To test the sketch, we'll use an Arduino. You can use any micrcontroller that can do microsecond timing, but since its a little tricky to code it up, we suggest verifying the wiring and sensor work with an Arduino to start.

You should have the Arduino IDE software running at this time. Next it’s necessary to install our DHT library, which can be done though the Arduino Library Manager:

Sketch→Include Library→Manage Libraries…

Enter “dht” in the search field and look through the list for “DHT sensor library by Adafruit.” Click the “Install” button, or “Update” from an earlier version.

IMPORTANT: As of version 1.3.0 of the DHT library you will also need to install the Adafruit Unified Sensor library, which is also available in the Arduino Library Manager:

Now load up the Examples→DHT→DHTtester sketch

If you're using a DHT11 sensor, comment out the line that sets the type:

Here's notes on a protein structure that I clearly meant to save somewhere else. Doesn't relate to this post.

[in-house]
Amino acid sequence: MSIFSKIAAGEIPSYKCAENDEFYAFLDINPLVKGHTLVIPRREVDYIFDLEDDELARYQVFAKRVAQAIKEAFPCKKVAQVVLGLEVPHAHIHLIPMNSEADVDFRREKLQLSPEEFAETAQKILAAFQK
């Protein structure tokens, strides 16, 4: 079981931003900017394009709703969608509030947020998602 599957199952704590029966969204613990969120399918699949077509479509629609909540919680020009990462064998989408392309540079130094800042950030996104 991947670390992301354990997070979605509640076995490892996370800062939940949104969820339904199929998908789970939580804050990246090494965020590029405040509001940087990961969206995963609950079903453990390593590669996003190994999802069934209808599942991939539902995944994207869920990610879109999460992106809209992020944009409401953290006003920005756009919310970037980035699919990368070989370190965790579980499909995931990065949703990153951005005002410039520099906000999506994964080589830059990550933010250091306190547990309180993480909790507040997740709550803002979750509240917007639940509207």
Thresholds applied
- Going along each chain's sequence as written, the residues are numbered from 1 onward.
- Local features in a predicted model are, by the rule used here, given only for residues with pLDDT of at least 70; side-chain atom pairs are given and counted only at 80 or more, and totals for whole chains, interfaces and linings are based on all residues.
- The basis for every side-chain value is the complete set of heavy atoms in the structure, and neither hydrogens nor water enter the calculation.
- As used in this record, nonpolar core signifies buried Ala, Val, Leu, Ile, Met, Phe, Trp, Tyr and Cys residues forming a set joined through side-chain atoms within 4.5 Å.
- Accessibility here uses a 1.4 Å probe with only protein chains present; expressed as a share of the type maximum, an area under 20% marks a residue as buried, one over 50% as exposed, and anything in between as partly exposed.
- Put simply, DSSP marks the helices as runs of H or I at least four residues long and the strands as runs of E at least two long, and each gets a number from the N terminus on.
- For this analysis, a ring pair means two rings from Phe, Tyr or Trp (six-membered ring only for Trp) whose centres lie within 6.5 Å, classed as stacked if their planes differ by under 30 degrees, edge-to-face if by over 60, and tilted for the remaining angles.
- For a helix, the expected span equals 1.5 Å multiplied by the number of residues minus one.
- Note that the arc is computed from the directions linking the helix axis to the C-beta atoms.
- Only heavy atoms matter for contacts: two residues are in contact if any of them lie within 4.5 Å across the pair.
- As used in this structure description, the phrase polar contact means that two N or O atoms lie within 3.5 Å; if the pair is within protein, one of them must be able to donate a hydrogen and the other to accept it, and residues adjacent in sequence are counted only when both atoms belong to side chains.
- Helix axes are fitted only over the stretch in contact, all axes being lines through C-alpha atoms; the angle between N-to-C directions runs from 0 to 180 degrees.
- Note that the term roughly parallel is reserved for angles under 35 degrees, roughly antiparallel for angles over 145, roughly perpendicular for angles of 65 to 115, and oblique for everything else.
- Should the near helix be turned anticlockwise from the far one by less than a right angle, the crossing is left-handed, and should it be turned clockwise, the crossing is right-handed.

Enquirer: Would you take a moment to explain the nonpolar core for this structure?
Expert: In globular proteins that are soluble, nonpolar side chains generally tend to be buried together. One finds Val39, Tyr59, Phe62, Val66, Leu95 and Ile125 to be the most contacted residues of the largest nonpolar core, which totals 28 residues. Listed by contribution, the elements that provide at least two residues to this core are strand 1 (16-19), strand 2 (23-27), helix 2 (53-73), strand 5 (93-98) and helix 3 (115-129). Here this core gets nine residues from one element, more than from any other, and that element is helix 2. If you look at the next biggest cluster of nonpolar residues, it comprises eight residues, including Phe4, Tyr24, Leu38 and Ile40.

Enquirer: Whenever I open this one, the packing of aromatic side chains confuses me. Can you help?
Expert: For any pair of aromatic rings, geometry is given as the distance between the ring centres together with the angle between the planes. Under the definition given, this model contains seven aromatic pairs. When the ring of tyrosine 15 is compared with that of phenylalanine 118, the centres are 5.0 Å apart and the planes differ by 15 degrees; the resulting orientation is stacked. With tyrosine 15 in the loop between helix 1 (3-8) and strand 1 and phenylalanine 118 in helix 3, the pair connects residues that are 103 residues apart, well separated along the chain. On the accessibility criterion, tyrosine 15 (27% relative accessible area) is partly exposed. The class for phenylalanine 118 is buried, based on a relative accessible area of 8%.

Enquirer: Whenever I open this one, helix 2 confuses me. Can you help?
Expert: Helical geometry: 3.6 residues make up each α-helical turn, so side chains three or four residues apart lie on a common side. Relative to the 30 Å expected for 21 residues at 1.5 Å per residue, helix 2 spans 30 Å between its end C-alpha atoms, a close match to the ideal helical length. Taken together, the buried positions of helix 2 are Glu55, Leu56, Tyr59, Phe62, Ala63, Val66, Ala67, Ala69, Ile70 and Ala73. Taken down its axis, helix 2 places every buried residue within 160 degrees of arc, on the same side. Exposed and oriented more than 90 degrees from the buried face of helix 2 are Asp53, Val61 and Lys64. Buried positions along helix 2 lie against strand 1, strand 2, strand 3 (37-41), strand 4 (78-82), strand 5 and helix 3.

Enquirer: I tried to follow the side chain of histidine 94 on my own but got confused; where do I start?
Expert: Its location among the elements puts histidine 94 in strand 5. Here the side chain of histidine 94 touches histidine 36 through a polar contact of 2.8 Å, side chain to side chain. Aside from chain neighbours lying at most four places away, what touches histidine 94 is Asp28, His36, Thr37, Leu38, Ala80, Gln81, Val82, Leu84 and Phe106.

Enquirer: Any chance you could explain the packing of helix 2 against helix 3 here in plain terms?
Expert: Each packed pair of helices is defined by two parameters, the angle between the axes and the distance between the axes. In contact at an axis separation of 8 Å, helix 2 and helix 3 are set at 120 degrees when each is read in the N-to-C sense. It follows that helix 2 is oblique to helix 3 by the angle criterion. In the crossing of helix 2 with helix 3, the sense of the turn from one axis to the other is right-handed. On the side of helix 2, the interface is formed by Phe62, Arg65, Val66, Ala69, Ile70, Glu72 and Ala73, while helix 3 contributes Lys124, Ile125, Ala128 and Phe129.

//#define DHTTYPE DHT22   // DHT 22  (AM2302)
and uncomment the line that says:
#define DHTTYPE DHT11   // DHT 11
This will make the data appear correctly for the correct sensor. Upload the sketch!
You should see the temperature and humidity. You can see changes by breathing onto the sensor (like you would to fog up a window) which should increase the humidity.

You can add as many DHT sensors as you line on individual pins, just add new lines such as

DHT dht2 = DHT(pin, type);

below the declaration for the initial dht object, and you can reference the new dht2 whenever you like.

This guide was first published on Jul 29, 2012. It was last updated on Apr 18, 2024.

This page (Using a DHTxx Sensor with Arduino) was last updated on Mar 08, 2024.

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